How much will Value of Park Increase Hooking up with City Water and Sewer


#1

I have a chance to upgrade out park by connecting to city sewer and water. It will be expensive so is it worth it? Right now i know many buyers will not even consider our park cause we have owner sewer and owner wells. Probably we are considered a 1 Star park idk. Upgrading to city sewer and water will add about $6000 per year in NOI.

If we upgrade to city water and city sewer how much more value will it add to the Park? Will we move up in class?


#2

What is the total cost? You mentioned $6,000 per year in additional operating cost, but what about the capital cost to actually connect?

If you convert to city water and sewer, you would certainly want to sub-meter the water so that the residents are responsible for their own usage. That would negate the annual cost.

Parks that are on city water and sewer definitely sell at a premium to those on private utilities. So even if the capital cost was equivalent to 1 point of cap rate valuation, you’d probably still be money ahead to do the conversion.

Don’t forget to also take into account the future cost of repairing or replacing the private utilities in the future – that alone may be more than the conversion costs in some cases.


#3

Hello Frank
The capital cost could be as high as $120,000 to install that water line. Please explain “So even if the capital cost was equivalent to 1 point of cap rate valuation, you’d probably still be money ahead to do the conversion.”
We have two wells, two pumps to replace every 5 years, two pump savers, cisterns that are obsolete, electric cost, two large $10,000 filters, etc.


#4

What’s a pump saver? What does a $10k filter change how often? How much cost pump?


#5

@brandon The name “pump saver”, I believe he meant a special device that protects the pump motor. probably similar like that one SymCom 234P PumpSaver Plus Description:

SymCom PumpSaver® Model 234-P protects singlephase pumps from dry-well, dead-head, rapid-cycle, jammed-impeller, and over/undervoltage conditions. Typical applications include residential waterwells, commercial waterwells, irrigation wells, and golf course and other sprinkler systems.


#6

Giant blizzard knocked out the electric to the wells causing us to have no water. Another reason to hook up with city water.


#7

Filters need to be changed about every ten years and pumps with installation cost about $5000. We figure cost to run the wells at about $2000 per month and cost for city to provide water at about $1500. Residents can pay the $1500 as we have installed water meters on each home.


#8

value with private utilities say $2,000,000 at 10 cap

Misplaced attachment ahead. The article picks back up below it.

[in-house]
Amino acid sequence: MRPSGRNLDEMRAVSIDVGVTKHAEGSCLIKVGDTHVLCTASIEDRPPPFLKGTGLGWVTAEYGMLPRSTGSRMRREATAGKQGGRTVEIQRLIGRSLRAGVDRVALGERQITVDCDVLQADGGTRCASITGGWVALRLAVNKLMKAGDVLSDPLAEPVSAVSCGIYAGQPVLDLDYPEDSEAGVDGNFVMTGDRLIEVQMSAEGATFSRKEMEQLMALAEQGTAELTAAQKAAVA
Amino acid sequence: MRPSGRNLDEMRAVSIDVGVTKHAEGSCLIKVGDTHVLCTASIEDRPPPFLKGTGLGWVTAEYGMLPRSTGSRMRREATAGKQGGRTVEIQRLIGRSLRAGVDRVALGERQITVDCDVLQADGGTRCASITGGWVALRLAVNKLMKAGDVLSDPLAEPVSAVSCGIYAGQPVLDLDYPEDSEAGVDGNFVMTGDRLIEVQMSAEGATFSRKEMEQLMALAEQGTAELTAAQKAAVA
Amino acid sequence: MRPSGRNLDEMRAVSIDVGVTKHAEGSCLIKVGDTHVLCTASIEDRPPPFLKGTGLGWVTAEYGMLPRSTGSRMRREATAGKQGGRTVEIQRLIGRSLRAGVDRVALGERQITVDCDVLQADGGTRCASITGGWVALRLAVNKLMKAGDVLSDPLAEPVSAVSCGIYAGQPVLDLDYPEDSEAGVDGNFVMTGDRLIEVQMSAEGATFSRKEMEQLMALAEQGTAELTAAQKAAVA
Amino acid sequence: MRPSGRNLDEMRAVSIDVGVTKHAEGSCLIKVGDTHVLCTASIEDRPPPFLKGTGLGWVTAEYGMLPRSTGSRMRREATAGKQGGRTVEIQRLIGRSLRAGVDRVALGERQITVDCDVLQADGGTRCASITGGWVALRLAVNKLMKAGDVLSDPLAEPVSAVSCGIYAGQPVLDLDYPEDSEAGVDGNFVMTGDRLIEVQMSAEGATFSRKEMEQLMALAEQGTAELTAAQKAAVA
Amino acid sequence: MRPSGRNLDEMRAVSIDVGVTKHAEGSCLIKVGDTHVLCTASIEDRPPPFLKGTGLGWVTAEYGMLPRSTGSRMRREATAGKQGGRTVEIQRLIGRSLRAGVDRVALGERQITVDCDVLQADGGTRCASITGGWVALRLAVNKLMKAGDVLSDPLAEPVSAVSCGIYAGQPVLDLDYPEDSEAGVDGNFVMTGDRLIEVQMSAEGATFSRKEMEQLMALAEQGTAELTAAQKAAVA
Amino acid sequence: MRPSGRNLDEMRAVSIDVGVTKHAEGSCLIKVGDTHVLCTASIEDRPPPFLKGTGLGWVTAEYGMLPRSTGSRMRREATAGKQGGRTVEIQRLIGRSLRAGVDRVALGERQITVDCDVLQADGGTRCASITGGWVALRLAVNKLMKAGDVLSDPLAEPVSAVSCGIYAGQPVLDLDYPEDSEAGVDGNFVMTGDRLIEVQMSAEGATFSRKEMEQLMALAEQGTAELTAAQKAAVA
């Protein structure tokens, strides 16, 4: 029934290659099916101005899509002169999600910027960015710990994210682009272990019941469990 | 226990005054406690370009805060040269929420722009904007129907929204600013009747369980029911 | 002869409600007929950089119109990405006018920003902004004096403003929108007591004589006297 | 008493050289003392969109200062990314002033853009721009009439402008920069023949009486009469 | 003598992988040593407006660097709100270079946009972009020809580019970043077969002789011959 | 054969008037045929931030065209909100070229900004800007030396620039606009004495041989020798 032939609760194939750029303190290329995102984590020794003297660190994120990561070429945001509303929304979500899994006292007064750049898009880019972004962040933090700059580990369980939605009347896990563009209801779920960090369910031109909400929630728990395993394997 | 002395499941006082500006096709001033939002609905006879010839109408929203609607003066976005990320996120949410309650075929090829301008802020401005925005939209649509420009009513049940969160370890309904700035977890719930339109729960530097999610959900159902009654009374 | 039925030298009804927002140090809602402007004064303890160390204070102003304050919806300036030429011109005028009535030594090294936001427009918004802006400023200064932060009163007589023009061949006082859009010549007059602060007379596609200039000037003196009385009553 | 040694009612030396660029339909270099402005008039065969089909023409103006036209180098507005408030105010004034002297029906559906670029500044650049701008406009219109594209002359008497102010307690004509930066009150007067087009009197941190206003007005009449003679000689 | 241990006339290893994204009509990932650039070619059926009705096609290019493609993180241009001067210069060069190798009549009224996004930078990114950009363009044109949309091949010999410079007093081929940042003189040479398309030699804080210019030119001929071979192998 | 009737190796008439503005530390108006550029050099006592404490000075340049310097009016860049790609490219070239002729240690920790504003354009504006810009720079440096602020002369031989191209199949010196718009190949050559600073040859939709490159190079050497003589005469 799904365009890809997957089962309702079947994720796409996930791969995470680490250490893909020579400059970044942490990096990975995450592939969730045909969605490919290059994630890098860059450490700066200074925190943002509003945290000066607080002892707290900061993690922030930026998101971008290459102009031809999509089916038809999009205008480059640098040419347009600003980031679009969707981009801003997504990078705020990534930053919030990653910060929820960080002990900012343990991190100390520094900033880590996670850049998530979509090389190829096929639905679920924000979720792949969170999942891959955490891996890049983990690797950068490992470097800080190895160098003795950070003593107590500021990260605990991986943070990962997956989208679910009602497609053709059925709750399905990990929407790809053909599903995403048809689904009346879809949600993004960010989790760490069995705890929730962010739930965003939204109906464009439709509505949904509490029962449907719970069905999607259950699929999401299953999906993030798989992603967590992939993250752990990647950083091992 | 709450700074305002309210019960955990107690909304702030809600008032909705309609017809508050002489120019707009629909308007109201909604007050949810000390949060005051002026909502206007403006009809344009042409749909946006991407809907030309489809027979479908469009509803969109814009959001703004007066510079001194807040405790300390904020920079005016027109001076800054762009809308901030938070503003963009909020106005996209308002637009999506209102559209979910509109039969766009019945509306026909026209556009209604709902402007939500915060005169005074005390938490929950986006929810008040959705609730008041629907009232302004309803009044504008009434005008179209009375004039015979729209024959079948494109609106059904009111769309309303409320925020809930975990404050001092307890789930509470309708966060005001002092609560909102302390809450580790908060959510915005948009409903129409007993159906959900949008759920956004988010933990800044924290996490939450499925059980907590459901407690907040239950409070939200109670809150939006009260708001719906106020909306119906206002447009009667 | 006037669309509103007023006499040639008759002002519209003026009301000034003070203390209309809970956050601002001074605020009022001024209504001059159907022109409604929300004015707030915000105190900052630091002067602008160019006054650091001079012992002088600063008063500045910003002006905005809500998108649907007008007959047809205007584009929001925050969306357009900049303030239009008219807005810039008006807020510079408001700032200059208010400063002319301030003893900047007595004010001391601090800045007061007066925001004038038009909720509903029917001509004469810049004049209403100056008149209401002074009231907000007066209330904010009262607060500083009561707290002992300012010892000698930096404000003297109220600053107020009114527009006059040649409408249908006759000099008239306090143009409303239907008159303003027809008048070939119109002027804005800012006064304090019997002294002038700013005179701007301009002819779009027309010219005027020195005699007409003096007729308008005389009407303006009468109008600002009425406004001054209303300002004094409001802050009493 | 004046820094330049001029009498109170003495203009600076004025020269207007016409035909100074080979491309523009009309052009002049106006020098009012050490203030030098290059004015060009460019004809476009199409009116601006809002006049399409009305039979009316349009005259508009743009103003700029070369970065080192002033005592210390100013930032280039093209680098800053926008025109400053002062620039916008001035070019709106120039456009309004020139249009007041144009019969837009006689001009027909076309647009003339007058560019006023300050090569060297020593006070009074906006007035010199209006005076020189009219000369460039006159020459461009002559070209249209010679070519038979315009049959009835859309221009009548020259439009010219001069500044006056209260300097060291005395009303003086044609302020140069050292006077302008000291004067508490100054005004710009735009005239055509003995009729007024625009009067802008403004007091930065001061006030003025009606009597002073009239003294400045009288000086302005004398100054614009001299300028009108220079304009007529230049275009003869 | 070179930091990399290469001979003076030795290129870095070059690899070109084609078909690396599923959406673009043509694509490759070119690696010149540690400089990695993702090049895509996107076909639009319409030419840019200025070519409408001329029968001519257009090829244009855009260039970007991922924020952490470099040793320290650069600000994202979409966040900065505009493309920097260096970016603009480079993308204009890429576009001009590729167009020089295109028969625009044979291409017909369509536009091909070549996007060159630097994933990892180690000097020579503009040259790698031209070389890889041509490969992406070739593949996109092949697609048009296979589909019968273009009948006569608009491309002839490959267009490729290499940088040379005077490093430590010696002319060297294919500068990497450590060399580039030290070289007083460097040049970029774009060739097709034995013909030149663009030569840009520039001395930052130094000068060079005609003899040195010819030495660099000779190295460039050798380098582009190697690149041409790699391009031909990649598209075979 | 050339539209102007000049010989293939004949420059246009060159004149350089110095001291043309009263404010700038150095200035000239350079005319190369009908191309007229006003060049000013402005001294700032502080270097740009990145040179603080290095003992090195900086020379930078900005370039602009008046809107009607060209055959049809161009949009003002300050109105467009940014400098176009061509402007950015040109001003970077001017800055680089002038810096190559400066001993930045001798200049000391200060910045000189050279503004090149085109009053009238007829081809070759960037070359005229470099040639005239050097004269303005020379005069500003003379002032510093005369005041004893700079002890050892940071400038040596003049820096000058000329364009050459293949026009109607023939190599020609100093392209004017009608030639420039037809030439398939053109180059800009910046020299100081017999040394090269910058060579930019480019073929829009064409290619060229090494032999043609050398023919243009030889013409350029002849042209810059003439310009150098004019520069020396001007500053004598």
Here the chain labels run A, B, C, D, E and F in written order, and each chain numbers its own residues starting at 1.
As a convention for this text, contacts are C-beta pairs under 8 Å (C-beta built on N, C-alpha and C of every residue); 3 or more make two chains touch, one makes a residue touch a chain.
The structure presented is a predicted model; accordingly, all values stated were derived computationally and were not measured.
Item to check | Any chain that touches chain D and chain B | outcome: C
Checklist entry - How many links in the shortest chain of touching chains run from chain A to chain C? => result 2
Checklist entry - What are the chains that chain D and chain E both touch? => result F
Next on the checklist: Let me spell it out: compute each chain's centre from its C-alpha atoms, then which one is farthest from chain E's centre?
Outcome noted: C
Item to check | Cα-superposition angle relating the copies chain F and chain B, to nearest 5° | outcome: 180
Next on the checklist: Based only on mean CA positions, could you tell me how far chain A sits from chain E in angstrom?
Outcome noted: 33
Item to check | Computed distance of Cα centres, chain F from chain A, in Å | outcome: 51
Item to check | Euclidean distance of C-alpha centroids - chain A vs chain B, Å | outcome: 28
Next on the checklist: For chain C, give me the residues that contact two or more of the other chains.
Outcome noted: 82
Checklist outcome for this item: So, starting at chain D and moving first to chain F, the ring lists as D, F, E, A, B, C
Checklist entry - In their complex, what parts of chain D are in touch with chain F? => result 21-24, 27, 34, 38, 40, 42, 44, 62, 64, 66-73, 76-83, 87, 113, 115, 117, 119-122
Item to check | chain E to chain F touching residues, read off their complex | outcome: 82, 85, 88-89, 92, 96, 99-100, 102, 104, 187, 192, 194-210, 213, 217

value with city water and sewer $2,222,222 with 9 cap

Frank is that what you mean? raises value by about $220,000?

with cost of $120,000 or less.


#9

Many cities and counties getting tough on regulations for Wells and septic and you have liability if people get ill from your water lawsuits


#10

Yes, what I meant was that the lower cap rate of a city water/city sewer appraisal might cover the cost differential long-term. That does not also count the value of your peace-of-mind in having municipal water rather than you being responsible.


#11

I have a small Park 41 spaces, City water is VERY expensive in N. Ca. Small town.
Before I went on City water, I bought a trencher and ran separate water lines to each yard, so that ALL outside watering is on our wells. The City water only goes to the inside of the trailers. I tried water meters and had too much trouble with them freezing and breaking, I divide the monthly water bill amount the tenants; $10 per space plus the remainder of the bill divided by the number of people living in the trailers. We remain on our own septic systems, which have actually improved through the years after LOTS of tweaking, our main tank is now pumped every 3 years (used to be every 6 months). I removed all the filters on my wells and all tenants have been educated not to drink out of the yard faucets. WE have no local Sewer Co., yet. But sewer is often billed as a % of the amount of water used. So, if and when the local sewer system reaches us, there will be considerable savings by still using our wells for outside watering.


#12

Using well water for watering is very sensible, if people have been trained not to drink it.


#13

City Water and Sewer Cost;

If you are just adding one main municipal meter, often the utility provider will allow you to pay the expense over a number of years. If each lot is separately metered through the city the capitalized expense (new water and sewer infrastructure) might be charged to each lot’s bill.

Passing through the water/sewer usage through sub-metering is an option, unfortunately, the capital expense is most likely not billable to the sub-metered residents.

"We’re here to answer your sub-metering questions"